Iconic books are texts revered as objects of power rather than just as words of instruction, information, or insight. In religious and secular rituals around the globe, people carry, show, wave, touch and kiss books and other texts, as well as read them. This blog chronicles such events and activities. (For more about iconic books, see the links to the Iconic Books Project at left.)

Tuesday, February 15, 2022

Bookbinding as a Metaphor for Learning


Andrew Wilson advocates the art of bookbinding to teaching religious studies:

Sacred texts are continually being created and recreated, unbound and repackaged, unfurled and gathered up. Bookbinding manifests an applied, even somatic, example of these textual journeys. In a world of e-books and hypertext, one might consider bookbinding a quaint if not archaic practice, but that would overlook it as a very practical way of participating in the text. It involves doing something that actively shapes and changes the text. As the binder works the pages with their hands, the text literally takes on characteristics of changeability, pliability, and plasticity. (Andrew P. Wilson, "Teaching Religion by the Book: Bookbinding as a Metaphor for Learning," on the Blog of the Wabash Center, February 2, 2022)

He goes on to describe how engaging a student in creating books provides the means "to bind her learning journey, her experience, and her identity into a space that was richly layered and uniquely hers."

Dorina Miller Parmenter has long advocated book making and book binding in religious studies pedagogy: see the interview with her, The Religious Book as Object, on this blog.

Tuesday, January 18, 2022

Owning vs Reading Books


Danika Ellis ("Books and Reading Are Two Different Hobbies," BookRiot, Jan 17, 2022) provides an insightful and rare description of how personal interactions with books differentiate between their semantic and iconic dimensions (my language, not hers):

My life is built on a foundation of books. But reading? Mm…I could take it or leave it. 

... Books, though? Books are my favorite hobby. They require nothing from me. I can stare contentedly at them and fantasize about an incredible library. I can design reading futures for myself without flipping a single page. I can participate in the bookish online community even if I’ve been in a reading slump for weeks (or months, or years). Books are always there for me, and being bookish continues to be one of my defining traits.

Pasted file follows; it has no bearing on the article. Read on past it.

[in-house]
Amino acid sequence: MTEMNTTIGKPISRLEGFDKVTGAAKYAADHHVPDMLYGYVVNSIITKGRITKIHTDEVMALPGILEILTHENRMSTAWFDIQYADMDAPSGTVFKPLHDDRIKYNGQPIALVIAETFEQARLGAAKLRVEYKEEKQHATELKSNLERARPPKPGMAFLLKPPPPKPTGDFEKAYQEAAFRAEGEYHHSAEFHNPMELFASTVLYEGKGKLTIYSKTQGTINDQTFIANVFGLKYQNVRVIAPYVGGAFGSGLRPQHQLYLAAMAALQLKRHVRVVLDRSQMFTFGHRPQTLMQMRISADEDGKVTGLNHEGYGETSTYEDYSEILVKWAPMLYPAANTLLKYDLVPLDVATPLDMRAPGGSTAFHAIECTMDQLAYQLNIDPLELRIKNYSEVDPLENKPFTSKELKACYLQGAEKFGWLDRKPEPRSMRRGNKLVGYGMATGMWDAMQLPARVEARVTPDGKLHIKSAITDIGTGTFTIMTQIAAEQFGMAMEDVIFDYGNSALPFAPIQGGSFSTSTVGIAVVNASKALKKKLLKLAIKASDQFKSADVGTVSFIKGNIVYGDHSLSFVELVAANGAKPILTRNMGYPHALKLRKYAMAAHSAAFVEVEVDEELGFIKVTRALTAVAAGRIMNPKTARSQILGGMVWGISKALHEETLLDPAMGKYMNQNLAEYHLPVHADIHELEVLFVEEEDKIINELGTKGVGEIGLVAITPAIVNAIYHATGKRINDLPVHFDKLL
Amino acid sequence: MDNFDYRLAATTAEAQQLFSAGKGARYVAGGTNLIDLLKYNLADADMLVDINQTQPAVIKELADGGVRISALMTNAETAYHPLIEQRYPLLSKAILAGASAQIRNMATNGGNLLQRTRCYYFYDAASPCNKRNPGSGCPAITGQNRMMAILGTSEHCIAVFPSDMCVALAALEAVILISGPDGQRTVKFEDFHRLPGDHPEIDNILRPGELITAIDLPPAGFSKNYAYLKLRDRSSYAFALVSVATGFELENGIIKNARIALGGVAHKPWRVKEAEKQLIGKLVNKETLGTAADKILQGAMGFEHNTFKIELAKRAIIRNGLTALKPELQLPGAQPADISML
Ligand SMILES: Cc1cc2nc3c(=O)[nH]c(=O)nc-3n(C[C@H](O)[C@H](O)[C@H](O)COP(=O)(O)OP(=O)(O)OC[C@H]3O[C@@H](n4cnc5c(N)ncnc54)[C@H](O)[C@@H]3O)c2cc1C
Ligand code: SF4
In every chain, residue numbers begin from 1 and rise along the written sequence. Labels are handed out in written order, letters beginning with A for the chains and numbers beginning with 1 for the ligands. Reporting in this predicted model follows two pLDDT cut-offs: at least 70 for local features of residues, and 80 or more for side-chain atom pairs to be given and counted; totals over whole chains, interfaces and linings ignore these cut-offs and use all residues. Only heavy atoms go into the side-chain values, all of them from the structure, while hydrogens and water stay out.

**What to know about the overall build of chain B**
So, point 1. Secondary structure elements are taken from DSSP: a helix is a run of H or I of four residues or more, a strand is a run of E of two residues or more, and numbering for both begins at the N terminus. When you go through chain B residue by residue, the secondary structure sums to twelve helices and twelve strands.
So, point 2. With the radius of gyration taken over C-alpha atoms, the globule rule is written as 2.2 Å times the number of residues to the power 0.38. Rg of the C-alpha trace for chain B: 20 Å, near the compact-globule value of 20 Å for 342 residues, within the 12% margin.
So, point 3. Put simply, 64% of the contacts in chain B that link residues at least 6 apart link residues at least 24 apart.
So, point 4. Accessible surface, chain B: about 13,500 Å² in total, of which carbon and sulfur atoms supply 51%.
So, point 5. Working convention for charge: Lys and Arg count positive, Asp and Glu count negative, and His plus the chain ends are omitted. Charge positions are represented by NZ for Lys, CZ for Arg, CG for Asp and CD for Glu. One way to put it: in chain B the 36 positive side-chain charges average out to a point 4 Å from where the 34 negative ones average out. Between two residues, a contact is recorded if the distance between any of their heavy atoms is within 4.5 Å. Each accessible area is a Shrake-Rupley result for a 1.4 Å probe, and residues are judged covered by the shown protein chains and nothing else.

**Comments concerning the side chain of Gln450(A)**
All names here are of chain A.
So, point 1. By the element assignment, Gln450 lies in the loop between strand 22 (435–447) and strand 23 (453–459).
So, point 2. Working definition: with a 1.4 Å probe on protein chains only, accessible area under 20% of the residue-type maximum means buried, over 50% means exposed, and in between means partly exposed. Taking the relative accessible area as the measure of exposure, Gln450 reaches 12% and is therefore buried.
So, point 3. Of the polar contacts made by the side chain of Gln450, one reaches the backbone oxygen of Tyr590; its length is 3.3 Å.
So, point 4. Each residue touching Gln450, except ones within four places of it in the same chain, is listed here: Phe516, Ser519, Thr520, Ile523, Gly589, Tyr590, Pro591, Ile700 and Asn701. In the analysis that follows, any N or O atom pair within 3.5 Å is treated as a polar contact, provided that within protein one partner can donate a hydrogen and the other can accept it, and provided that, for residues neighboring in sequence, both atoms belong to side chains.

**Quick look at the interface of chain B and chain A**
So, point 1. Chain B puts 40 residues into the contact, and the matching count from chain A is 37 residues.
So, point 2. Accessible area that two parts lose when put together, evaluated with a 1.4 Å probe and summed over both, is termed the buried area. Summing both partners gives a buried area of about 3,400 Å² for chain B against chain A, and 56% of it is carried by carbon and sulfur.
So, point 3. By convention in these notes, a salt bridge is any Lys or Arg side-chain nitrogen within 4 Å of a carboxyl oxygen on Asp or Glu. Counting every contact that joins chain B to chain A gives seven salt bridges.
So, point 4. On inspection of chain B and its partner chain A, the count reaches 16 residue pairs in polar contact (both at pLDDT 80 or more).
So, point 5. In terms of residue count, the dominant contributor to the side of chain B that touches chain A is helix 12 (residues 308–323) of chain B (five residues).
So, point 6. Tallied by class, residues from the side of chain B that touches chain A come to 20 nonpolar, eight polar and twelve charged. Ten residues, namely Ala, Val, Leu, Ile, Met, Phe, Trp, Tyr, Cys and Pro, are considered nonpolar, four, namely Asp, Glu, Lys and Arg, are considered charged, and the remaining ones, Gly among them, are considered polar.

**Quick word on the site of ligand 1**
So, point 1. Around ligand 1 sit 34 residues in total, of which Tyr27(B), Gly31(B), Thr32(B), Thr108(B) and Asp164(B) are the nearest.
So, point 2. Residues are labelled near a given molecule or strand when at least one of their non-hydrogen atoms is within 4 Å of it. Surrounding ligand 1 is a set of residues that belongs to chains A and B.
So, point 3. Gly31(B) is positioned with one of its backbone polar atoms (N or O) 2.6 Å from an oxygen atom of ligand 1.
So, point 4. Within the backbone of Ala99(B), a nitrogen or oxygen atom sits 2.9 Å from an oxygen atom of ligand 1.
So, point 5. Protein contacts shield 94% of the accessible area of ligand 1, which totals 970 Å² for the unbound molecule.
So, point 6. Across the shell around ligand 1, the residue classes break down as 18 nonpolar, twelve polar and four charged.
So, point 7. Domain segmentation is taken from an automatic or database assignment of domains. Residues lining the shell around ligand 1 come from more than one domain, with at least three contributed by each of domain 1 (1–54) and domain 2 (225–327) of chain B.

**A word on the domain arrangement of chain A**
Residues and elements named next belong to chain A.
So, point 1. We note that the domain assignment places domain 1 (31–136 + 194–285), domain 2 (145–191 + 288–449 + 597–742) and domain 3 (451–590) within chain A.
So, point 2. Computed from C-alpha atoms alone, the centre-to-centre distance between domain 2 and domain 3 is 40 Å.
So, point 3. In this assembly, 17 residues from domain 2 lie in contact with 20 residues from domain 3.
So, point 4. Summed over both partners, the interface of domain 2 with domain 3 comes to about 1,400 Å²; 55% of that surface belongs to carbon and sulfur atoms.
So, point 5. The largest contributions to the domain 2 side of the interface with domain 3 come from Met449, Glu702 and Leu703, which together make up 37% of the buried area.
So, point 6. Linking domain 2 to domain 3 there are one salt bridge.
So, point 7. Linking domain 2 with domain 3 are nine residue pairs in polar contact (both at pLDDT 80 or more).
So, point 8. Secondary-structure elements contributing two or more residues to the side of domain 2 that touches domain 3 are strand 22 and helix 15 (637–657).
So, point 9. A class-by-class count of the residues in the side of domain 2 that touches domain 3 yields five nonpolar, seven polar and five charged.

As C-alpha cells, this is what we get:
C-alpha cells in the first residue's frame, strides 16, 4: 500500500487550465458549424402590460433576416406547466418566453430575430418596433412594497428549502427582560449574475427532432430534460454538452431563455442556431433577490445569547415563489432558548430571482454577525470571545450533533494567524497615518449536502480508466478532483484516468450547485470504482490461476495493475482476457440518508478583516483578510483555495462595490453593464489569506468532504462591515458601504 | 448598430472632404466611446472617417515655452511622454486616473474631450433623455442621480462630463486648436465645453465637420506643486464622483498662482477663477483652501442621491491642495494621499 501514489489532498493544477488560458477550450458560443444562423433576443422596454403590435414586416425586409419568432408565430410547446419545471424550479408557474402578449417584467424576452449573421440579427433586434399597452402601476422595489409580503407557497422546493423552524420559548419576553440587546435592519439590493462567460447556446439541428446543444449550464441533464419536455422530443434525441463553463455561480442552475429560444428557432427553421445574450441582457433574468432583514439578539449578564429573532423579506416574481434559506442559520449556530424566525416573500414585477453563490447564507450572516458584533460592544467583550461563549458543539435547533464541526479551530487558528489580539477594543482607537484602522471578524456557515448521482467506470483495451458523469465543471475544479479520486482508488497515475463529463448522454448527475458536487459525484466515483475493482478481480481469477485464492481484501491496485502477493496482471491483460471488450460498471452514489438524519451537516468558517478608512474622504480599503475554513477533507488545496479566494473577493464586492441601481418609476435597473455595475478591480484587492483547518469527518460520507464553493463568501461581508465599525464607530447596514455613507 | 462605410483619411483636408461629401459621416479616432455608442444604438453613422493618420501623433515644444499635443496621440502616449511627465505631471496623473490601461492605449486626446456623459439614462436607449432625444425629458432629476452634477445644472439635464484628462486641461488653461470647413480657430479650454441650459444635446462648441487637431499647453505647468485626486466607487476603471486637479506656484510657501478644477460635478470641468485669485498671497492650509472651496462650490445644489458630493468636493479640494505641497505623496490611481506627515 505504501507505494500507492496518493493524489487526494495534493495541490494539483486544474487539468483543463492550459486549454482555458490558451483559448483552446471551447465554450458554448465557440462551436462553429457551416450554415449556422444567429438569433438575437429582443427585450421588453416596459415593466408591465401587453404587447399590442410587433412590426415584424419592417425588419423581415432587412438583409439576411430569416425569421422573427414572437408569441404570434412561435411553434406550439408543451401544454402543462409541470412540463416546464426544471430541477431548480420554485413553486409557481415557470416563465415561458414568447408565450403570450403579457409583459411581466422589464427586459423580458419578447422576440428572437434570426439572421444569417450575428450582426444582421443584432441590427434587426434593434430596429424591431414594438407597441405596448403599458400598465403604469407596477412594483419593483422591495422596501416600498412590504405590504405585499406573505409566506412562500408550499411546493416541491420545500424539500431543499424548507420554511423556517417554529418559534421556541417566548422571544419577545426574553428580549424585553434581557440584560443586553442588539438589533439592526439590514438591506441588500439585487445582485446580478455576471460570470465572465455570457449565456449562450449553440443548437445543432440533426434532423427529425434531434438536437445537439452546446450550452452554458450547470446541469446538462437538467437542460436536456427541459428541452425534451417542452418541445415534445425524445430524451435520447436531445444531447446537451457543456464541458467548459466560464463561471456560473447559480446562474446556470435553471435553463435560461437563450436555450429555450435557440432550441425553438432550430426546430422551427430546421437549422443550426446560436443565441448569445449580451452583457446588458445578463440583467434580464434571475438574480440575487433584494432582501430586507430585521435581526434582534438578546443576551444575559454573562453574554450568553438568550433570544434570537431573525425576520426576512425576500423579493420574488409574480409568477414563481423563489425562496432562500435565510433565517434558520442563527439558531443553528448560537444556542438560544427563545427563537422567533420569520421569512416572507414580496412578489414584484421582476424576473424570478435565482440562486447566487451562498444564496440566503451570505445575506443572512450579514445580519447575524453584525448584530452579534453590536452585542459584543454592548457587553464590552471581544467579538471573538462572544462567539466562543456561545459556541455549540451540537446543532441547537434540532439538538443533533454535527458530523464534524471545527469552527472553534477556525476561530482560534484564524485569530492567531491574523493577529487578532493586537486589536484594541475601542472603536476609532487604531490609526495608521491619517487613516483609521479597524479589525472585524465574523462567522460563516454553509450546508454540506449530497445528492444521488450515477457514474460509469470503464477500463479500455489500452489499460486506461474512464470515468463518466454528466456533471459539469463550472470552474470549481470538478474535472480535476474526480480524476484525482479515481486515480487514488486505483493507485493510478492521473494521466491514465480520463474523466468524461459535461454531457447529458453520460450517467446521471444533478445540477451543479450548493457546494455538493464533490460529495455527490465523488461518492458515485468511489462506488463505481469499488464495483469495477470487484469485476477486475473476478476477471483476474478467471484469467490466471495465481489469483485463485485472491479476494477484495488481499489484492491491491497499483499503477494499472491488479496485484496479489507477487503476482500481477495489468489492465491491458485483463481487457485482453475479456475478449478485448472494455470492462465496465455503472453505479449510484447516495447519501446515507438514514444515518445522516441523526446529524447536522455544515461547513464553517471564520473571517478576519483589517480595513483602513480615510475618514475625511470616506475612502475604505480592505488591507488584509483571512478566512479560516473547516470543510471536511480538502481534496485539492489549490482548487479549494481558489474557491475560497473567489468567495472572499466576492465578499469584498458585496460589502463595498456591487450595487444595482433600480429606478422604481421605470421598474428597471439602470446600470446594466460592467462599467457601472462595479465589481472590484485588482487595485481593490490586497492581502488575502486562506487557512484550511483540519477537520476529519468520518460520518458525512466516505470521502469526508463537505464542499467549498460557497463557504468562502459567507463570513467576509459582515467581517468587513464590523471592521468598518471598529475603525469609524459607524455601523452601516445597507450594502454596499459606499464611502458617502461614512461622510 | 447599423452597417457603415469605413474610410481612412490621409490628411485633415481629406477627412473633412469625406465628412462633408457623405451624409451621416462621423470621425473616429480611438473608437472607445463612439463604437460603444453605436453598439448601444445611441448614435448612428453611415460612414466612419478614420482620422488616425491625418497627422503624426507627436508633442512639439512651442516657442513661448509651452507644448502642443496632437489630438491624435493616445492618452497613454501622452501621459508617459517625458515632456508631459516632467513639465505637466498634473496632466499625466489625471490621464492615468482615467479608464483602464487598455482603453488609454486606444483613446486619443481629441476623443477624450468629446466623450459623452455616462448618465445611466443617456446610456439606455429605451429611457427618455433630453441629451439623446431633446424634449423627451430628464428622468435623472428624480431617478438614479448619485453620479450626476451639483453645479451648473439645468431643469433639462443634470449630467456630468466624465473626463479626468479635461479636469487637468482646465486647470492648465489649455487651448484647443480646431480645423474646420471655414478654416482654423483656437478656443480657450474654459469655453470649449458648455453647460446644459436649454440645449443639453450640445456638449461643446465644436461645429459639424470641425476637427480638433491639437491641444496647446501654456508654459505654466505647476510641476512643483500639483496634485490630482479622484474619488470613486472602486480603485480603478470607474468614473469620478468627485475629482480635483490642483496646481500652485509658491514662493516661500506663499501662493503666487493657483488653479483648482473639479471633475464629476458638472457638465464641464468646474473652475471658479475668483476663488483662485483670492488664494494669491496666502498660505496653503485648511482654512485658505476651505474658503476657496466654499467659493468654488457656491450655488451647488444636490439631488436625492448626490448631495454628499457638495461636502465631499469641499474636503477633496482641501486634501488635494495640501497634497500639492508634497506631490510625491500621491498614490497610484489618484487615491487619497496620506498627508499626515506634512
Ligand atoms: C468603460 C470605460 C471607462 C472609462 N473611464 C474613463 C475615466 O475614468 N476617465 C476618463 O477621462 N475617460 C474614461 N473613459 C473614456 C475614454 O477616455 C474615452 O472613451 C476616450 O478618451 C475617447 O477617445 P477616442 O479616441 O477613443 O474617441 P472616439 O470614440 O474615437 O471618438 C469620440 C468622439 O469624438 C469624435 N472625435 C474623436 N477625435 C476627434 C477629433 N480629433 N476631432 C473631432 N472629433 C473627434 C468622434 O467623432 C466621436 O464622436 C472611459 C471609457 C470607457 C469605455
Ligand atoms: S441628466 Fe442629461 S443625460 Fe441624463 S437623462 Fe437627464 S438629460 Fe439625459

Sunday, January 16, 2022

The popularity of library images



 Kate Dwyer in the New York Times (Jan 15, 2022) identfies a popular picture of a book-stuffed private library as depicting the library of the late Johns Hopkins professor, Richard Macksey. But her article is mostly about the internet popularity of library images:

The library image sidesteps all those details to evoke something more universal, said Ingrid Fetell Lee, the author of the Aesthetics of Joy, a blog about the relationship between d├ęcor and delight. “We’re attracted to the image, and we come up with all sorts of stories about who it might be and what it might be because we love to tell stories,” she said. “But what’s really driving the attraction is much more visceral.”

Ms. Fetell Lee pointed to the photo’s sense of abundance. “There’s something about the sensorial abundance of seeing lots of something that gives us a little thrill,” she said. Also relevant: the “satisfying” sense of organized chaos, and the awe inspired by the high ceilings.

Pictures of books and libraries are popular across social platforms. A representative from Instagram said that some of the top-liked posts on the platform that include the words “library” or “libraries” feature large quantities of books, a “cozy” aesthetic or a warmer color scheme.